§ From Benjamin Smith Barton
20 May 1810, Philadelphia. Has initiated at his personal expense a scientific expedition into the Northwest Territory “and the adjacent British settlements.” Thomas Nuttall leads the party, which is already, “I presume, at Detroit, without any passport.” An unanticipated difficulty arose owing to Nuttall’s British citizenship. Secretary of State Robert Smith has been uncooperative, in contrast to David Erskine, who gave “a full and generous protection” to a French scientist in 1807. Regrets necessity of troubling JM, but the matter has become urgent. “I have lost every chance of getting a protection from the British minister; and it will require every exertion on my part to forward, in time to be useful, that from the A. government, even if obtained.”1
RC, appendix, and enclosure (DLC). RC 4 pp. The appended letter, Barton to JM, 21 May 1810 (1 p.), states that the enclosure was received after first letter was written and that, based on JM’s knowledge of him, Barton still hopes to receive “some kind of letter of facility”; in any case, he will reapply to the British minister for a passport. Enclosure, Richard Forrest to Barton, 17 May 1810 (1 p.), cites State Department regulation “not to grant a Passport to any other, than an American Citizen.”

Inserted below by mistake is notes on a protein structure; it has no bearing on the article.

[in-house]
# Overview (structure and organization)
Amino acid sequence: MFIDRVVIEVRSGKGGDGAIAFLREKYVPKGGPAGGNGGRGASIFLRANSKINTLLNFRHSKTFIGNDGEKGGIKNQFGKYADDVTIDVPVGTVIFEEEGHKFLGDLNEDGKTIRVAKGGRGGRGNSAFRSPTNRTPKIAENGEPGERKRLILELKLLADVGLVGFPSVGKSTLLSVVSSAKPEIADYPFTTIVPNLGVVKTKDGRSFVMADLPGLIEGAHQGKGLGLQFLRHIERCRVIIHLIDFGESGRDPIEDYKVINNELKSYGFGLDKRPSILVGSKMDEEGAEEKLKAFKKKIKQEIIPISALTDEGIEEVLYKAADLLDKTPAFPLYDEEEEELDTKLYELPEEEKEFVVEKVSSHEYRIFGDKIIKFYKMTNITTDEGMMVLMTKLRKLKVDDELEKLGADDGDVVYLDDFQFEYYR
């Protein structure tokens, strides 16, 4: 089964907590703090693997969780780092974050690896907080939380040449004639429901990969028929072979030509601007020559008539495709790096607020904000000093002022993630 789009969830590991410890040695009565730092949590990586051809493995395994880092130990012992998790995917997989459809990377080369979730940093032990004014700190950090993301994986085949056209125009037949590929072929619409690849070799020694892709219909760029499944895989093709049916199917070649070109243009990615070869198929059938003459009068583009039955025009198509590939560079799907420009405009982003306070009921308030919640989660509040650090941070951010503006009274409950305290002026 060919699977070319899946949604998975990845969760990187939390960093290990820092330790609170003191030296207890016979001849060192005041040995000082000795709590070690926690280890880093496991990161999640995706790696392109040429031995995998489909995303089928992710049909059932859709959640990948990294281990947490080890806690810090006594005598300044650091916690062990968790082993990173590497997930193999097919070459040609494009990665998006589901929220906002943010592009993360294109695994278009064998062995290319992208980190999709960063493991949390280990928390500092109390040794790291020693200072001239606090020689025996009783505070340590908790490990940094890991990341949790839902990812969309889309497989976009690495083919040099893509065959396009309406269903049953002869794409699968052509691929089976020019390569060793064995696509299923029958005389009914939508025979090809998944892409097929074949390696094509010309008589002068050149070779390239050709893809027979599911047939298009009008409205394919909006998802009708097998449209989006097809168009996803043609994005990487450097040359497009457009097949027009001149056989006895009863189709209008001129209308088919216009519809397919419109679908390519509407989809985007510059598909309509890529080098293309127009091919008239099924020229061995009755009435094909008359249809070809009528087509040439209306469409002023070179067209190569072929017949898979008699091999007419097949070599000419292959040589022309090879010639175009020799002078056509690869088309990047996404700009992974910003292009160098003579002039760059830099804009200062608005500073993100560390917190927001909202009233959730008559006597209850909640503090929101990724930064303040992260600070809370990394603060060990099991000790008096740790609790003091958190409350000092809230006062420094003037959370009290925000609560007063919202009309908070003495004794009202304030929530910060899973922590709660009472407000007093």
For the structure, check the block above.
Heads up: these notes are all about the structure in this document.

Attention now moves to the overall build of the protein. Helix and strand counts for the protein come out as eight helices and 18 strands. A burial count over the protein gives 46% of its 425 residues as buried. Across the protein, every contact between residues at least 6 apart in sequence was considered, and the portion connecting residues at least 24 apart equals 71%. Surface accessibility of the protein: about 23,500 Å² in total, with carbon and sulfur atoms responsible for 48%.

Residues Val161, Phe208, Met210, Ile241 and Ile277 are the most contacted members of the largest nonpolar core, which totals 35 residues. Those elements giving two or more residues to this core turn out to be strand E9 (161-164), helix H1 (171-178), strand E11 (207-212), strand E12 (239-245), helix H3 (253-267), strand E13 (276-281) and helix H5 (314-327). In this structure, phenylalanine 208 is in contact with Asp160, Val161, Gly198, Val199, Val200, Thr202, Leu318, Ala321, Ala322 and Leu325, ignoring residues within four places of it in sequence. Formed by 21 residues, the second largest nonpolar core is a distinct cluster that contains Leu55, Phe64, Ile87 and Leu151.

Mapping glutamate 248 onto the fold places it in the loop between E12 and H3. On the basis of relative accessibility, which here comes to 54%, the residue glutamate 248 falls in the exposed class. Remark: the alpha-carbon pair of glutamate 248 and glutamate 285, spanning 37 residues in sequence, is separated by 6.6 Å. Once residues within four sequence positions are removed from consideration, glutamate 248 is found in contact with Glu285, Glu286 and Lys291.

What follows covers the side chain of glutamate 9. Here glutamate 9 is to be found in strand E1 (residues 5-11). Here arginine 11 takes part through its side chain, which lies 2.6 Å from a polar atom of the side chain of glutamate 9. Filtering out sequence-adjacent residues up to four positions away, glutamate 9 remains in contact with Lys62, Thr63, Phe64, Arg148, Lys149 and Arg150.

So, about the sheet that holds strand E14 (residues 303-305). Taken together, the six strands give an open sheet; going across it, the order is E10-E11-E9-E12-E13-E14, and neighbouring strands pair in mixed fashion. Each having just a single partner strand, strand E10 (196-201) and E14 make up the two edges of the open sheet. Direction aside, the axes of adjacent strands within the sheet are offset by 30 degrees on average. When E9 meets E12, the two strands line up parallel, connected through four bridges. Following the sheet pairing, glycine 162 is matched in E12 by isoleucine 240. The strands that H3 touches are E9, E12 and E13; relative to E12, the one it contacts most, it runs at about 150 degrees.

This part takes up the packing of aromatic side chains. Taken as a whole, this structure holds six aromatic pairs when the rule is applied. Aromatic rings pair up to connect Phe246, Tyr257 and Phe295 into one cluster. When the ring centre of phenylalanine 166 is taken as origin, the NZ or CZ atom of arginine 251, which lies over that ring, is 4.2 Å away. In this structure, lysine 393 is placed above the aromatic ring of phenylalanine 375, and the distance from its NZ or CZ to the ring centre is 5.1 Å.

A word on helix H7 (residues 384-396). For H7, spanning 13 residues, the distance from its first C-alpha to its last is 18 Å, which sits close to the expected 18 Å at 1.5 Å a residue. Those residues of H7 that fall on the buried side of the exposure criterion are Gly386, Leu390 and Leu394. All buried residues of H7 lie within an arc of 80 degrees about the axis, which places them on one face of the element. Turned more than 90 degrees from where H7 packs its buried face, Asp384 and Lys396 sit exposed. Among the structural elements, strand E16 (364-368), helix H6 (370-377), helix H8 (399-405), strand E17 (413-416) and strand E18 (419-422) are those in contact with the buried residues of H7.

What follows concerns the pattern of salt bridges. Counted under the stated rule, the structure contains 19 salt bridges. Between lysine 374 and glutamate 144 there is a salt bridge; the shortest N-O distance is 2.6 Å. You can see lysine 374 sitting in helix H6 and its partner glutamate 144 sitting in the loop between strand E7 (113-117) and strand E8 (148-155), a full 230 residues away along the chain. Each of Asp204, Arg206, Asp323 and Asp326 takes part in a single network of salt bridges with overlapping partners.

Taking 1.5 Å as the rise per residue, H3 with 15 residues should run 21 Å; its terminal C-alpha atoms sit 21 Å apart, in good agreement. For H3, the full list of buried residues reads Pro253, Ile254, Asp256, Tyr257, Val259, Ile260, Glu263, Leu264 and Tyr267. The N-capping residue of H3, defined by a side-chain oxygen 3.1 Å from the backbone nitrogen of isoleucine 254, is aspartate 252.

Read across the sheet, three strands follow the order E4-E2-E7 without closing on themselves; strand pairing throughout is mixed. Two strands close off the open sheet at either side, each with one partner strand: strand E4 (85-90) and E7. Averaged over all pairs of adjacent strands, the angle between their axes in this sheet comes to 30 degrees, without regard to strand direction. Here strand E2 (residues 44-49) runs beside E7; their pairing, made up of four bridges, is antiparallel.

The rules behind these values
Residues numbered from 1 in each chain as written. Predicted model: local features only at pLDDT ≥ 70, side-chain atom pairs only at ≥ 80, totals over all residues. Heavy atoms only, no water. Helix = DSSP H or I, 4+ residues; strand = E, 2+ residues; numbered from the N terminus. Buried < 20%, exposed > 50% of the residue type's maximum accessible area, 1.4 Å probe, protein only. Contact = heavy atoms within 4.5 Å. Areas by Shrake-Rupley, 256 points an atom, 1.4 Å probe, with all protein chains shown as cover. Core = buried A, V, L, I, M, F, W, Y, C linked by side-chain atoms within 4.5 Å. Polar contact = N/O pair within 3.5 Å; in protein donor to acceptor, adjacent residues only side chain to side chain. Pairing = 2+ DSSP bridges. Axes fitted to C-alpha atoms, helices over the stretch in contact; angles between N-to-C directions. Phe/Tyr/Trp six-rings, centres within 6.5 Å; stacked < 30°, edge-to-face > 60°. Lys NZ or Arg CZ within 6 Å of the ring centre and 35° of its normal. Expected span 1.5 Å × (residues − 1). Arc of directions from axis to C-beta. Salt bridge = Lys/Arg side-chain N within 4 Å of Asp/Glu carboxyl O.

1. No official response to this request has been located, but according to later testimony by Barton, he was able to obtain “a special passport from the president of the United States” (Jeanette E. Graustein, Thomas Nuttall, Naturalist: Explorations in America, 1808–1841 [Cambridge, Mass., 1967], pp. 39, 410).